Guitar provided him with an identity while growing up in North Carolina. “I had found my niche in my high school social life. It was really different culturally up there,” he says. “People were more interested in what you did than what you had. Word got around that I was a good guitar player. And so within my little group of stoner friends up there, it was like, ‘Kevin’s a good fighter, Steve can fix cars, and Tim can play guitar.’” When he moved back to Birmingham in his mid-teens, however, his new classmates weren’t very impressed that he was a musician. “When I was going to Berry [High School], the rules were all different. It didn’t matter what you could do, it mattered what you had, how much money your parents had, that kind of shit,” he says. “People knew I played guitar but they didn’t care. They were like, ‘Oh yeah? Well, I have a Z28 Camaro.’”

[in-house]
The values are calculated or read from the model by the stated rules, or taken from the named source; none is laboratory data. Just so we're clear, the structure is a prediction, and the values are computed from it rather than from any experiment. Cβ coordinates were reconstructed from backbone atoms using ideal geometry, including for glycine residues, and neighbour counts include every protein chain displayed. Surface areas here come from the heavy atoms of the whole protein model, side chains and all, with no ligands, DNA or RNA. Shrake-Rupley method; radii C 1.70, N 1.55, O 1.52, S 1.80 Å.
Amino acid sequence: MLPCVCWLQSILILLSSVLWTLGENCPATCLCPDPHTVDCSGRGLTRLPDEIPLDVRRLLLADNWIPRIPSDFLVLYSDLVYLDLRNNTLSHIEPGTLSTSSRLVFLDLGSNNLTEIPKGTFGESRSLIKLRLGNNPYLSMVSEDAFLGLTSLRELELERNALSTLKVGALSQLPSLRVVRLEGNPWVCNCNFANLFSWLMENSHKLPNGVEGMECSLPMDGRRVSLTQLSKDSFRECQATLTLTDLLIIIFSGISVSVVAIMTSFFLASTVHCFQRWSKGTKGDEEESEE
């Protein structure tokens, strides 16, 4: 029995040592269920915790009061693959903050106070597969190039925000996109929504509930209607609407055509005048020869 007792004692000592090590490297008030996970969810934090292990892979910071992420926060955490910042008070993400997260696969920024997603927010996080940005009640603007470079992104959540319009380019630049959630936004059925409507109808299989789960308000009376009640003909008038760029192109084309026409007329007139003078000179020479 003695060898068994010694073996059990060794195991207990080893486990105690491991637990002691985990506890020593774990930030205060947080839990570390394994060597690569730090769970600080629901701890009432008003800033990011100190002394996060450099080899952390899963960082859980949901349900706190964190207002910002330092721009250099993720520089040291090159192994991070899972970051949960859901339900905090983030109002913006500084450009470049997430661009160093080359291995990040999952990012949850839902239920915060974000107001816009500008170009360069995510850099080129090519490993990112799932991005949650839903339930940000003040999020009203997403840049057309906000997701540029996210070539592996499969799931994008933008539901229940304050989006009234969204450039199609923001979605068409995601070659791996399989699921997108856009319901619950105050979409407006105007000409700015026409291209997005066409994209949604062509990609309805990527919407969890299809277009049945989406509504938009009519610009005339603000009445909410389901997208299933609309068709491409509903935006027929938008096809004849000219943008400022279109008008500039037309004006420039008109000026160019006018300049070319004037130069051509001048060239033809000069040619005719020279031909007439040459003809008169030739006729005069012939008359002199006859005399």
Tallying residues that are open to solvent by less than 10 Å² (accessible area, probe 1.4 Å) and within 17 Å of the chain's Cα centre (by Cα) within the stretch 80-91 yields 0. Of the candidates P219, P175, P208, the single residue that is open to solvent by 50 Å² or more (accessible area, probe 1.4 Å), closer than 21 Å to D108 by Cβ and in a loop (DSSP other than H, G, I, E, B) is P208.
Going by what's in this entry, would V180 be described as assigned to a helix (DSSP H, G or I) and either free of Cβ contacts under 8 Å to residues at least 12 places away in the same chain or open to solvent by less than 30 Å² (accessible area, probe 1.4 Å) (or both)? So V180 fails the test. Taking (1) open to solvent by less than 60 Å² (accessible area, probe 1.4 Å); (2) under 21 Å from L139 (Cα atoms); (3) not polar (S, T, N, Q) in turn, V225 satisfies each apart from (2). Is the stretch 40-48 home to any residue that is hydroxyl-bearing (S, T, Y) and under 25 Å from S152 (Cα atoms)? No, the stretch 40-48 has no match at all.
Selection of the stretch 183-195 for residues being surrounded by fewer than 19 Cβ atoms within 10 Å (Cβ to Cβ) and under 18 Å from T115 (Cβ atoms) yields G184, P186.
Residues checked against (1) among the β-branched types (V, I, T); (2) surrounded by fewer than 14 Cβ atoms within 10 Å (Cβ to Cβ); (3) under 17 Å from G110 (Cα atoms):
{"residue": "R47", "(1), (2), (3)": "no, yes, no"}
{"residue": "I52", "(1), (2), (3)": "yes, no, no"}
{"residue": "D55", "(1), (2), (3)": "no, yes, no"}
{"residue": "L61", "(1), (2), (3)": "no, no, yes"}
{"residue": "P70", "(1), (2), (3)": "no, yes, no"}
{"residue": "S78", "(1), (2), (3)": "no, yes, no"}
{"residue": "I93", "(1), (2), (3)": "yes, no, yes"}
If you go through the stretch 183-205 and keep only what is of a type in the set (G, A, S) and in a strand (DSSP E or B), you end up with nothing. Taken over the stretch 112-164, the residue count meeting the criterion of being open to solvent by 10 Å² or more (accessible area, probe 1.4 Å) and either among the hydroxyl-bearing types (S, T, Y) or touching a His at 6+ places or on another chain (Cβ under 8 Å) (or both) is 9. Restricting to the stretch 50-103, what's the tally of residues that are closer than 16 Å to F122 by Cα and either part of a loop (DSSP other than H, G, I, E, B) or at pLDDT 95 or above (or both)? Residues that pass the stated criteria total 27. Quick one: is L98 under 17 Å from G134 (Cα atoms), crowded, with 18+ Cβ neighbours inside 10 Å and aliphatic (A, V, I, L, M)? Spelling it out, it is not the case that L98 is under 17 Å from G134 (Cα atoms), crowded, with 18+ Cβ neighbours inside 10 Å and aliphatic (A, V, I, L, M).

Boykin soon trumped his classmates, however, joining up with local punk outfit the Ether Dogs, and for the first time earning money playing his guitar. “Getting in the Ether Dogs while I was in high school brought me into this whole other social scene with older people and this whole other deal that was going on. So to me that was the real world.”
Boykin embraced the punk credo that stipulated attitude over ability. “I remember reading stuff where [music writer] Lester Bangs was saying, ‘You need to just get a guitar and go do this now. You don’t need to wait around until you’re good enough. You need to get a guitar, learn three chords, get on stage, and be playing now. Worry about the finer points later.’ And I took that to heart,” he says. “By the time I was 15 years old I was playing in bands and clubs and stuff. And I felt like that’s what I was supposed to be doing. So I was hearing the Ramones and going, ‘OK, cool. I can go ahead and be doing this. It was more about energy than finesse.’”
His first band was the Dead End Kids, which played parties at the homes of Mountain Brook teens since the band’s drummer was from that area of town. Boykin then joined the Ether Dogs and played regularly at The Cavern on Morris Avenue in the early 1980s. By 1984 he formed Carnival Season with Brad Quinn playing bass and Mark Reynolds on drums. (Disclosure: Ed Reynolds, author of this story, played guitar with Carnival Season briefly.)